Yesterday marked a year to go until the Paralympic Games in Rio. Scarily, I remember blogging when it was a year to go until London 2012. How time ticks on, yet my goals and ambitions remain the same.
This landmark provides the perfect opportunity for me to look back on my season. After the euphoria of competing at the 2014 Commonwealth games, I was revved up for winter training and ready to progress. However, I just ran into one barrier after another. After starting back at training for a couple of weeks, I got ill and spent a month feeling dreadful and constantly coughing. This meant I immediately fell behind in training. In November I already had a holiday booked to Mauritius to visit my Grandma, which forced me to miss more training. Then in December, I needed an eye operation, which led to further disruptions. Nevertheless, January arrived and although four months behind, it was a fresh start. I planned to start racing in June. In April I began a part-time job, which tested my energy levels and by May the fatigue caught up resulting in another virus with a terrible cough. Racing in June went out of the window. I thought my season would be over by my birthday in July, so didn’t think a holiday for my birthday would be a big deal. Annoyingly, I was wrong. However, all was not lost, I could race in August. So within the space of twelve days, I competed four times. Nowhere near as prepared as I wanted to be, I had no choice, but to go for it.
Race 1 – Watford Open
The last time I had raced was in front of forty-four thousand people. I would be lucky to have a crowd of forty-four in Watford. Despite this, my nerves were worse than ever and definitely contributed to my poor opener. 14.57 with legs that felt like jelly all the way down the track. Far from impressive.
Races 2 and 3 – Lee Valley Sprints Evening
Thankfully, I had raced the nerves out of my system in Watford. I had two chances in Lee Valley, which is a rare opportunity. My start wasn’t brilliant, but I managed to sprint to an illegal 14.04 on my first run. The wind was +3.7 and the legal limit is +2.0. On my second run, I executed the start and was flying until 50m in where I hit a wall and struggled the rest of the way. This is where the lack of winter training showed, as my speed endurance was seriously lacking. On a positive my second run was legal with a time of 14.28, the same time I ran at the Commonwealths.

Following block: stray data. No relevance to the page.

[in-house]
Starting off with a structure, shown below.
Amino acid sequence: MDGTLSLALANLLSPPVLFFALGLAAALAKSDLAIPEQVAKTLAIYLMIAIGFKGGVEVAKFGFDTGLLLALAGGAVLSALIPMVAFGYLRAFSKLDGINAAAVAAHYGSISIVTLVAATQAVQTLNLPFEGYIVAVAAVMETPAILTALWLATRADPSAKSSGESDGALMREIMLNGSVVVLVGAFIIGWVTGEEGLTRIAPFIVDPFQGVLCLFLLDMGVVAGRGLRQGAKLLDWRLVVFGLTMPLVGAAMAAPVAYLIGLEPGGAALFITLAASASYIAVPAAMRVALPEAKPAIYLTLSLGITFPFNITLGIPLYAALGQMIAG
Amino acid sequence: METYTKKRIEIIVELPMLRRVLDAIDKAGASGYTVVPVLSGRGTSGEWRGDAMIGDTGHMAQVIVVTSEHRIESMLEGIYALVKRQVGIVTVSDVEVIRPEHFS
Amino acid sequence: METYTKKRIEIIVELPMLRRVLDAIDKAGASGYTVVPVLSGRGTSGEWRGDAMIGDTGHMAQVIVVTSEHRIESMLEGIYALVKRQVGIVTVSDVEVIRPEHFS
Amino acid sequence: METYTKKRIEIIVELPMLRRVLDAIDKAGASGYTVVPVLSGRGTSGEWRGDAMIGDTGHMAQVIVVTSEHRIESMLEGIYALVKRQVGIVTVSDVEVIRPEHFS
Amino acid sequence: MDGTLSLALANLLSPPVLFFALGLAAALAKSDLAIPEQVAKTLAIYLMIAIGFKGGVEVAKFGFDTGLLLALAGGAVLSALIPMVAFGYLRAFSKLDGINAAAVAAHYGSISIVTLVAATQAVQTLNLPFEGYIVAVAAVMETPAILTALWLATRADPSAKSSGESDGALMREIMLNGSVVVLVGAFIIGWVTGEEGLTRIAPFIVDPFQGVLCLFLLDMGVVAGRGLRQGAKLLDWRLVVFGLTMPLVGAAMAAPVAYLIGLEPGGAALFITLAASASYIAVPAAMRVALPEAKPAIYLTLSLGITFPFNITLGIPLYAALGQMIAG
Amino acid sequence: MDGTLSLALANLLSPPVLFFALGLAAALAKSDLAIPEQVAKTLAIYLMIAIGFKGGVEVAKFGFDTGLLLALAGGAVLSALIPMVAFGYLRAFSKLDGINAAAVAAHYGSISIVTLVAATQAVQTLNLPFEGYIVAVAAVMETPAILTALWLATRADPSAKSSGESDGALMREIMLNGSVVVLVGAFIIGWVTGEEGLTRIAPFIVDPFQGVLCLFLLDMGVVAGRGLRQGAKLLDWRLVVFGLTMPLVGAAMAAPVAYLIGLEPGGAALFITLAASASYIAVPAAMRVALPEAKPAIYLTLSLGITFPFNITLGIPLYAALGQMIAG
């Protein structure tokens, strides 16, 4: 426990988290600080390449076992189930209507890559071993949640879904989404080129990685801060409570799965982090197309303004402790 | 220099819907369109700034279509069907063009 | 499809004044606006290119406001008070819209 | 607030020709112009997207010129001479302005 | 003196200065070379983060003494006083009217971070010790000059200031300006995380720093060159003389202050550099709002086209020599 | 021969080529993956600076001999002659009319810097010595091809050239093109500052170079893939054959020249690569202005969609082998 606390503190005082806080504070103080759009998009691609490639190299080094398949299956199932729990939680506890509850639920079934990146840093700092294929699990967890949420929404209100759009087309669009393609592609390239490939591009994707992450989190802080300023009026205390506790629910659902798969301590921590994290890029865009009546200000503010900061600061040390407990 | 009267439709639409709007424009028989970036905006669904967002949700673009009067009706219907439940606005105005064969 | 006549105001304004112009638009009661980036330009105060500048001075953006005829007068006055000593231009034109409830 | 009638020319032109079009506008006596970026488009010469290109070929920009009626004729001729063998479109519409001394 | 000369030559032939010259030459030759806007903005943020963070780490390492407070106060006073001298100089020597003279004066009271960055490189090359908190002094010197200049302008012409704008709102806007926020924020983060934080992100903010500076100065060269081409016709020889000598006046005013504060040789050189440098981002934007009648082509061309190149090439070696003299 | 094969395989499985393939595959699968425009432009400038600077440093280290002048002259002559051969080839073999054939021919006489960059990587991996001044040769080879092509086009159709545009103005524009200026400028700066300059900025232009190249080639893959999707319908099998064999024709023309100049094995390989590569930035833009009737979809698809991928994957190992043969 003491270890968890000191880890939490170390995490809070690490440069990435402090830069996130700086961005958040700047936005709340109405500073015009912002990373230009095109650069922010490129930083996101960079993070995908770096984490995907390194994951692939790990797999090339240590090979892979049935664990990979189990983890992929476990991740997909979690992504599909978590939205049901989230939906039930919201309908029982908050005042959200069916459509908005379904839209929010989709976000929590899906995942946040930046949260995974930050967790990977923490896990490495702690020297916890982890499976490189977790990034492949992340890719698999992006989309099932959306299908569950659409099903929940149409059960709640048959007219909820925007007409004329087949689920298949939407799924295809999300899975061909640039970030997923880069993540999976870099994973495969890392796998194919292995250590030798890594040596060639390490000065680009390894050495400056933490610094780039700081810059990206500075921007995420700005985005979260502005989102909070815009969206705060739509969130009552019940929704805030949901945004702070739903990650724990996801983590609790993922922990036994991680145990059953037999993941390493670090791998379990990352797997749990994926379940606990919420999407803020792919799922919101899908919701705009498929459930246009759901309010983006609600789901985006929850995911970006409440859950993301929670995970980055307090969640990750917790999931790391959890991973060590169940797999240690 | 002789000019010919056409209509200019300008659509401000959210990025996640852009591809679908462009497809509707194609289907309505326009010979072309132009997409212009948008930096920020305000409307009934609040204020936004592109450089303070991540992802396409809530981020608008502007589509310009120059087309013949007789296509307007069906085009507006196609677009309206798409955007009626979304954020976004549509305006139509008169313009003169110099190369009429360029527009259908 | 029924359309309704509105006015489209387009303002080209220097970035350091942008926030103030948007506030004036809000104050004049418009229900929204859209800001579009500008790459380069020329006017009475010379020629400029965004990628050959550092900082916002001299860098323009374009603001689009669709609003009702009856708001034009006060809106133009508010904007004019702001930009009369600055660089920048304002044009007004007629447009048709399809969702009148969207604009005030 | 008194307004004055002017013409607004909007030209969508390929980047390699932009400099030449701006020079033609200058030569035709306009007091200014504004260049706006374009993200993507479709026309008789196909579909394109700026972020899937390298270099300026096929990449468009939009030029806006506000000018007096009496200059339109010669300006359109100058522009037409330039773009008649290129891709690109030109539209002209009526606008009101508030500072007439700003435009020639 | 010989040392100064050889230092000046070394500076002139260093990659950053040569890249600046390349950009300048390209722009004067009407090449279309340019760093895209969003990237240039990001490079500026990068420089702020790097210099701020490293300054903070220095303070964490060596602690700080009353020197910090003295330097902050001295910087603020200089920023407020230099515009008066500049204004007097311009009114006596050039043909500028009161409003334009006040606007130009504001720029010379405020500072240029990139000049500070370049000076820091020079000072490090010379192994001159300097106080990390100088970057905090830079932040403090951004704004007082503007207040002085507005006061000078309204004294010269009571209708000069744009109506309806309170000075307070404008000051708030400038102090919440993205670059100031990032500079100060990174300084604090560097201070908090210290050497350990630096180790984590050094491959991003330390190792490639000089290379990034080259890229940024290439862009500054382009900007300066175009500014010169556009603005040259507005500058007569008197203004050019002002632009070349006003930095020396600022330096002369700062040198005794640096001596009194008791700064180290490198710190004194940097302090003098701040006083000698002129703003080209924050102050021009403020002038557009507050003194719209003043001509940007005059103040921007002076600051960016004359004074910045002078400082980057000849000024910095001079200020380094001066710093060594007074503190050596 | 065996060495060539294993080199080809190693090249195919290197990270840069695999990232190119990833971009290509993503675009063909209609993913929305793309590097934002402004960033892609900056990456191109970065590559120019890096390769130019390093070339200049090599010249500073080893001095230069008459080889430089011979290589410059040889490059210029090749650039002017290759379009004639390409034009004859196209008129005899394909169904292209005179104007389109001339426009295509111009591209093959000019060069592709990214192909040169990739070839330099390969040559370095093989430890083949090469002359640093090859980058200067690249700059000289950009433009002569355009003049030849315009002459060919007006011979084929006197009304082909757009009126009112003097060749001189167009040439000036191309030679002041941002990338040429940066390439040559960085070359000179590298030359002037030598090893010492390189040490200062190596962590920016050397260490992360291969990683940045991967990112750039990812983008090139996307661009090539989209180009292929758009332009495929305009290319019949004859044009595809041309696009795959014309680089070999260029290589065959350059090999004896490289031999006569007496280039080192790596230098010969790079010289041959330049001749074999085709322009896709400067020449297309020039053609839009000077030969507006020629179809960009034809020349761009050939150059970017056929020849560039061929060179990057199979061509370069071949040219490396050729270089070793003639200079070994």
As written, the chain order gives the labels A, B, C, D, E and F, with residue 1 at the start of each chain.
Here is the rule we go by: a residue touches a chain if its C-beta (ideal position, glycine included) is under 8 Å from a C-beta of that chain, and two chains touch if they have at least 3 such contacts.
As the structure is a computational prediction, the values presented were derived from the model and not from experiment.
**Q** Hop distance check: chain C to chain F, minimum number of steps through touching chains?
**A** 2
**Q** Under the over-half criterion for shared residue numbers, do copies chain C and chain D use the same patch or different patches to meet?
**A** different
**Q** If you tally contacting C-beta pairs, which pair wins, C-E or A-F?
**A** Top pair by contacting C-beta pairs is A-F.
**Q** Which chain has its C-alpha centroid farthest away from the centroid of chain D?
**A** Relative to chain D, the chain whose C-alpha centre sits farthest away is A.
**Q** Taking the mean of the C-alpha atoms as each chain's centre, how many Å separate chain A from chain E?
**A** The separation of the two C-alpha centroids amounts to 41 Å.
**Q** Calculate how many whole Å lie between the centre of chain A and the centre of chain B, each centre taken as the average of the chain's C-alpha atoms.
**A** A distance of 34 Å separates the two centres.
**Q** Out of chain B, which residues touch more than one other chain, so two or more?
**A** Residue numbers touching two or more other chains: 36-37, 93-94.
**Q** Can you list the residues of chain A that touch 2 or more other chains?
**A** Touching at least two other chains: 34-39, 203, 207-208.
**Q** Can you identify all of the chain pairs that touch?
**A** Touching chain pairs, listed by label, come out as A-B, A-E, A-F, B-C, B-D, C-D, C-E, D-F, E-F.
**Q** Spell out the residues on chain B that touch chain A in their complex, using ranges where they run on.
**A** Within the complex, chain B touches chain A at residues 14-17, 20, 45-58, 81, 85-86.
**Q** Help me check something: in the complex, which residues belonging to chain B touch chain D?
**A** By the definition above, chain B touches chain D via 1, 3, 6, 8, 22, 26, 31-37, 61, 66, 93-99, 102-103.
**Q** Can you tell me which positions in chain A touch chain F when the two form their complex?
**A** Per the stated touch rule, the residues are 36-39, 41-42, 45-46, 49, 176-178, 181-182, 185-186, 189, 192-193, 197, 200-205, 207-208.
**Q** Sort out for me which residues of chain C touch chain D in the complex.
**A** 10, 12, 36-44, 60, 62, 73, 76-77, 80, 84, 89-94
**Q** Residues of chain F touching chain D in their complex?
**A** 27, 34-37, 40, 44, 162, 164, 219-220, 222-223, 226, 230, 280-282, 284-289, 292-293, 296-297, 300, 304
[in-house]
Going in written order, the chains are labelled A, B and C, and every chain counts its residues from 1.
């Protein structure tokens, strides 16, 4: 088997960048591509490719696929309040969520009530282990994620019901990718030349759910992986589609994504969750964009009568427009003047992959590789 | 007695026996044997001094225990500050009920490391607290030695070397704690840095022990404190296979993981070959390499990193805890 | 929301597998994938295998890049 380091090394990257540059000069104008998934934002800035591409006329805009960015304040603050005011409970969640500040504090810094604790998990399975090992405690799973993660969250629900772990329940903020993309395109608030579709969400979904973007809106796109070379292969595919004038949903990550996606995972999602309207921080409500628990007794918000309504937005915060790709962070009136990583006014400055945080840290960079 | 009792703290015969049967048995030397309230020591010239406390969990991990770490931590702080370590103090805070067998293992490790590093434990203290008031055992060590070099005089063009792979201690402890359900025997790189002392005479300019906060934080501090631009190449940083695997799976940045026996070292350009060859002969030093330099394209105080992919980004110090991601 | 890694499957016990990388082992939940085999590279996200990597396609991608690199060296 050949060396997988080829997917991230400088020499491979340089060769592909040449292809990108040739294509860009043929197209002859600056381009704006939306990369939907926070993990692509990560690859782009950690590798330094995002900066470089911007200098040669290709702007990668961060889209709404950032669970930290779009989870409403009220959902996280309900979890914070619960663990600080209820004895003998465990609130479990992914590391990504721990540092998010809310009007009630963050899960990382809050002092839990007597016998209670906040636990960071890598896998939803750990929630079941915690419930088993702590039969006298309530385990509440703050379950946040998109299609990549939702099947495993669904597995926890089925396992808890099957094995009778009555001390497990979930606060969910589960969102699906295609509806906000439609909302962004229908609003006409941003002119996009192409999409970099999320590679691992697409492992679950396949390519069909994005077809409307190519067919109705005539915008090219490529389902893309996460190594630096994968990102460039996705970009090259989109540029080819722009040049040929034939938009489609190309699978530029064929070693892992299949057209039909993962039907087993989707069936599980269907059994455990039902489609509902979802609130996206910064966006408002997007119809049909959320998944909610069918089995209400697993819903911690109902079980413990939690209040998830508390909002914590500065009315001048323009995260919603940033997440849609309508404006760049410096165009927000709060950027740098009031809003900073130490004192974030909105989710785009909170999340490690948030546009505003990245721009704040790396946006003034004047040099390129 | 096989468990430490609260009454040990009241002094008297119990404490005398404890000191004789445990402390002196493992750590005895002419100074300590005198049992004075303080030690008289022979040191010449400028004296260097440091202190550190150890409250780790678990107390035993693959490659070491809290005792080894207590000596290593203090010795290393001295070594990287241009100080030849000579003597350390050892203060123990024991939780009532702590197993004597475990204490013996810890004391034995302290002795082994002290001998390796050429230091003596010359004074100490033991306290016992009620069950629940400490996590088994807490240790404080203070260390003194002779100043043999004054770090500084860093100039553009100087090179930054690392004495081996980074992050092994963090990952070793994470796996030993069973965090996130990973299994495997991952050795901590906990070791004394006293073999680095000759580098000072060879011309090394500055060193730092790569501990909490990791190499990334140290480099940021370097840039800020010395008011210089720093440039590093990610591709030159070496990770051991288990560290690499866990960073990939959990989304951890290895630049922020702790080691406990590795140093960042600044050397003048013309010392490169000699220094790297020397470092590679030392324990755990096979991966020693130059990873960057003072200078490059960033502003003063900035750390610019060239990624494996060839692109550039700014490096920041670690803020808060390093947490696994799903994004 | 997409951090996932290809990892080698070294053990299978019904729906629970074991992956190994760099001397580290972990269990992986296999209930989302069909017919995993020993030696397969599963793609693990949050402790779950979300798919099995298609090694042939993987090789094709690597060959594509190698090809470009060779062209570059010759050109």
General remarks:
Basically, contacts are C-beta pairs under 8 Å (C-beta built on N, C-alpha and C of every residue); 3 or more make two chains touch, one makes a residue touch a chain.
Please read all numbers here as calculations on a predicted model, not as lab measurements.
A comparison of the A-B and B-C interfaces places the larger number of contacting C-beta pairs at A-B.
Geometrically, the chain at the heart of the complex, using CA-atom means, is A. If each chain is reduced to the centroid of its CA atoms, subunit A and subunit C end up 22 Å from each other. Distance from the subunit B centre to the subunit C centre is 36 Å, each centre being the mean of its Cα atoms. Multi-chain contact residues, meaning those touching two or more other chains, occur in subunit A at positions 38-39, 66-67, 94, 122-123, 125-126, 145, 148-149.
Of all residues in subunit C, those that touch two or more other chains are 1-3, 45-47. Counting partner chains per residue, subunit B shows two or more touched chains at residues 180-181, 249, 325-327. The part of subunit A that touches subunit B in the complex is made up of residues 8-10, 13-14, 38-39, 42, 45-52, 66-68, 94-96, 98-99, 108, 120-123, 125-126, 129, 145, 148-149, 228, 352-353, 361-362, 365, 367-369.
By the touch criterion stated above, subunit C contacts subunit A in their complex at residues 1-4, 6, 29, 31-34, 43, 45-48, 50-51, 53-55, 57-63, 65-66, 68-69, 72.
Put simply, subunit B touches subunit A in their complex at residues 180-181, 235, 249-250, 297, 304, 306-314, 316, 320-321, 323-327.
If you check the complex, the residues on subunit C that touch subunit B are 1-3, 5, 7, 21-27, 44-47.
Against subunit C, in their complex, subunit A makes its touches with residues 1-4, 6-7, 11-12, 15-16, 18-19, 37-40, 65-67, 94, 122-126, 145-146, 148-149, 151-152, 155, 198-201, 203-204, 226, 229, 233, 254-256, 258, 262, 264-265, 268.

Race 4 – Godiva Classic
This race was the big one, as it was not only my final chance to clock a decent time, but I would be racing other para-athletes. Generally, I executed the race fairly well. The only area I was disappointed with was my pick-up, which again relates back to my issues with winter training. I finished third in the race behind partially sighted athletes and ahead of those with CP, which is where I hoped to place. I clocked 14.25, a modest time, but it was into a minus 2.6 head wind. Therefore, I was satisfied, as I truly believe I would have dipped under fourteen seconds if the wind was in my favour.
In short, I failed to run a PB for a second year in a row. It really hit home how essential winter training is and the ability to stay fit and healthy. I am currently ranked 4th in Europe, which is ok, but I genuinely believe I can top the rankings. Hence, I resigned from my job and whilst I am young and able, I’m going to concentrate on trying to challenge the world in athletics. These days being a para-athlete can’t be a part-time job. The standards are exceptional. I want to be exceptional.